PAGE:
"Night Moves" has been an effort several years in the making. It’s not a collection of astro-lapse sequences from any one State or location, but rather a compilation of sequences shot over the past few years at a variety of locations I had the opportunity visit. Spanning from the East Coast to the West Coast to the South Coast, these include Gaviota State Park (1:47) and Joshua Tree National Monument (2:43) in California, Shired Island (1:02) in Florida, Keymar (the opening sunset sequence 0:01) and Savage Forest (2:32) in Maryland, Edgartown (1:54) and South Beach (2:06, 3:49) on Martha’s Vineyard, South Baldy Mountain (1:11) in New Mexico, Pilot Mountain (0:10) in North Carolina, Cabo Rojo Lighthouse (0:36) and La Paguera (sailboat and thunderstorm sequence at 1:21) in Puerto Rico, Badlands National Park (3:04, 3:08) in South Dakota, Blackwater Falls State Park (0:49, 3:22) and Good Hope Observatory (0:22, 1:33) in West Virginia, and Devil’s Tower National Monument (2:22, 3:34) in Wyoming.
Some trivia items: At 1:57 you might catch a glimpse of a fireball dead center of the frame as it flashes into existence then vanishes in a twisting swirl of cloud debris, or a meteor ‘train’. The train lasted some 12 minutes real time after the fireball hit and burned up in the atmosphere. The event happens moments after a plane shoots across the sky. You can pause and step through the video to see the fireball in its glory.
The Devil’s Tower sequence is just filled with planes, satellites, and meteors.
During the third sequence, if you watch the sky carefully above and a shade right the observatory, you might notice a star brighten for a few seconds before fading out again, and NOT move with respect to the rest of the stars in the sky. But rather, stay relatively stationary. That is a satellite in geosynchronous orbit. You can see two others at the top halfway to the left during the Savage Forest Milky Way rise sequence.
The sky glow toward the end of the Shired Island sequence is from moonrise, not sunrise. The bright light that comes up from behind the clouds during the Cabo Rojos Lighthouse sequence is also moonrise, not sunrise. Looks bright enough to be the Sun, but notice you can still see the stars in the sky. ☺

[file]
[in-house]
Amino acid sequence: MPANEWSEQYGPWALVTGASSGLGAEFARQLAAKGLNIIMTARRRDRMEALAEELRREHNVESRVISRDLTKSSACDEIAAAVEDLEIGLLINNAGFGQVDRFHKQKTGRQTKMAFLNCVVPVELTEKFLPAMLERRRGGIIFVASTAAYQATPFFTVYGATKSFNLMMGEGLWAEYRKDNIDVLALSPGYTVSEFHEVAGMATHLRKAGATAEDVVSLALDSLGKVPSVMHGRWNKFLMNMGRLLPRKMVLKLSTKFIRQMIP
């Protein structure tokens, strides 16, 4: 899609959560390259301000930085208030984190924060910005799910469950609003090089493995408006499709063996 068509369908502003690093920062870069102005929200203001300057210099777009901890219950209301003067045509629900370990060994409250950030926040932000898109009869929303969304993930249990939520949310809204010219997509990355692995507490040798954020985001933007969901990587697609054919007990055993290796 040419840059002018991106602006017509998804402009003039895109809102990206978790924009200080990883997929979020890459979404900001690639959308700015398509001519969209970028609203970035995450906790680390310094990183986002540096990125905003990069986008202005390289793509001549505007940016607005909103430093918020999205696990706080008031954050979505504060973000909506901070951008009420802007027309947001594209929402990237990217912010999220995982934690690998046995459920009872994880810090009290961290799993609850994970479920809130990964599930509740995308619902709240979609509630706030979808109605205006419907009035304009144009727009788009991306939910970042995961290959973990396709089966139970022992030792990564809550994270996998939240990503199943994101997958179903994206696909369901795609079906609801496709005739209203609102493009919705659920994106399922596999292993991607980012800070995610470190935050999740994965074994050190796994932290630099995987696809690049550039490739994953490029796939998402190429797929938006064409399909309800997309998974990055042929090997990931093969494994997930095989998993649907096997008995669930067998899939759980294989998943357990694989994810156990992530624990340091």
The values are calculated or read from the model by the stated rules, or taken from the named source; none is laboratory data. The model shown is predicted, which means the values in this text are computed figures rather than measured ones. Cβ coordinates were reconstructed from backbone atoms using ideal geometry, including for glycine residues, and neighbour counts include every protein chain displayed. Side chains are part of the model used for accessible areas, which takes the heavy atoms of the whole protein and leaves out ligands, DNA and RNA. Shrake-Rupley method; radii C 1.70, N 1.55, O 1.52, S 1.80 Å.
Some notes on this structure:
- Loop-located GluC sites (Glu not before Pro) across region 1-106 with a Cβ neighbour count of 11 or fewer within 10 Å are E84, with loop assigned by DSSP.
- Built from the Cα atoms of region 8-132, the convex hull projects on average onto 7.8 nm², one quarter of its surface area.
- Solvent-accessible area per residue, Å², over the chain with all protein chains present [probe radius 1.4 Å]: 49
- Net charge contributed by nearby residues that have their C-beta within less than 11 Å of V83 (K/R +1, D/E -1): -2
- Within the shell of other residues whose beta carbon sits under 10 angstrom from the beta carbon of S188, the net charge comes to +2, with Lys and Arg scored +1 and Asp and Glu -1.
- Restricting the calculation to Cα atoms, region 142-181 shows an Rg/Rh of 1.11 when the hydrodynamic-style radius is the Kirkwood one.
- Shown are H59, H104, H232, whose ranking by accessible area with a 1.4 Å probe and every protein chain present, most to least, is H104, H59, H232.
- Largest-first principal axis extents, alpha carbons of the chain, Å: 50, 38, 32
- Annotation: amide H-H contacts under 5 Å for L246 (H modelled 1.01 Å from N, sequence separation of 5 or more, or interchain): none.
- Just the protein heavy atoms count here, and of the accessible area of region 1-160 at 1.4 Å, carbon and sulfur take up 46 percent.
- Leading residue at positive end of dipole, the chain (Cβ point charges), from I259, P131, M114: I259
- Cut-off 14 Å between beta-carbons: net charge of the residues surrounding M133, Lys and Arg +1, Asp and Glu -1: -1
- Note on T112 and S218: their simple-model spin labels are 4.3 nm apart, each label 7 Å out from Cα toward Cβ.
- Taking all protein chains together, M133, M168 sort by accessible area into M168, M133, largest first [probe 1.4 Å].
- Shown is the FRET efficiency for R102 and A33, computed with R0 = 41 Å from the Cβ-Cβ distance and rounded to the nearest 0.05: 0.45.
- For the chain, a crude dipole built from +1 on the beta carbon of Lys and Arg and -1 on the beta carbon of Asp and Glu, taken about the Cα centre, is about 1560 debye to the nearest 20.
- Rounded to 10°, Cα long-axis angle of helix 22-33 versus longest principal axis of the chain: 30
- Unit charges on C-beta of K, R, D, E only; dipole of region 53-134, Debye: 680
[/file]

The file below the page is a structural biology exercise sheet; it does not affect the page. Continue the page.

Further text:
The sequence from atop of South Baldy is looking East. Socorro is the brightly lit town at the bottom of the view. Above it the sky is glowing, but *not* because of the town. Rather, this is what is known as Zodiacal Light. Also, just as this sequence ends the crescent Moon rises.
The oblong fuzzy object at the lower left of the first Badlands Sequence is the Andromeda Galaxy, 2.2 million light years away.
The jerky moment during the Joshua Tree sequence is because I was using a two-piece dolly (for easier transportation on a plane) and the cart got caught at the join between the two sections for a couple minutes.
The lights on the horizon during the South Beach and Shired Island sequences are boats far out on the water.
The music score is not my typical ‘dramatic’ themed music, but I like it and think it goes well with the sequence. It was provided by my friends in Audio Frenzy (theaudiofrenzy.com) for this video (the URL in the video credits is wrong). My thanks to them, and I hope you enjoy it.
A shout out to Randy Halverson/Dakotalapse for the loan of a Dynamic Perception Stage Zero dolly during my trip out to the Badlands of South Dakota, and for bringing out his kagillion mega-watt lantern he used to illuminate the mountain butte you see at the right edge of the view in the second Badlands sequence (with the Milky Way). We got together a couple nights to shoot some time-lapse while I was out there for a star party, but at the time I did not have an easily transportable dolly or any other hyper-lapse gear.
Thanks also to Joe Gonzalez for permitting me to shoot some sequences at and of his observatory while he was doing some night sky stuff with some other folks, checking out the Moon and other deep sky objects. Was nice to be able to pop into the observatory out of the cold and check out the views in his telescope then back out to monitor my cameras.
Hyper-lapse sequences were all made possible by use of gear from Astrotrac,, Dynamic Perception, and eMotimo. Without them, these would have all been tripod-only views.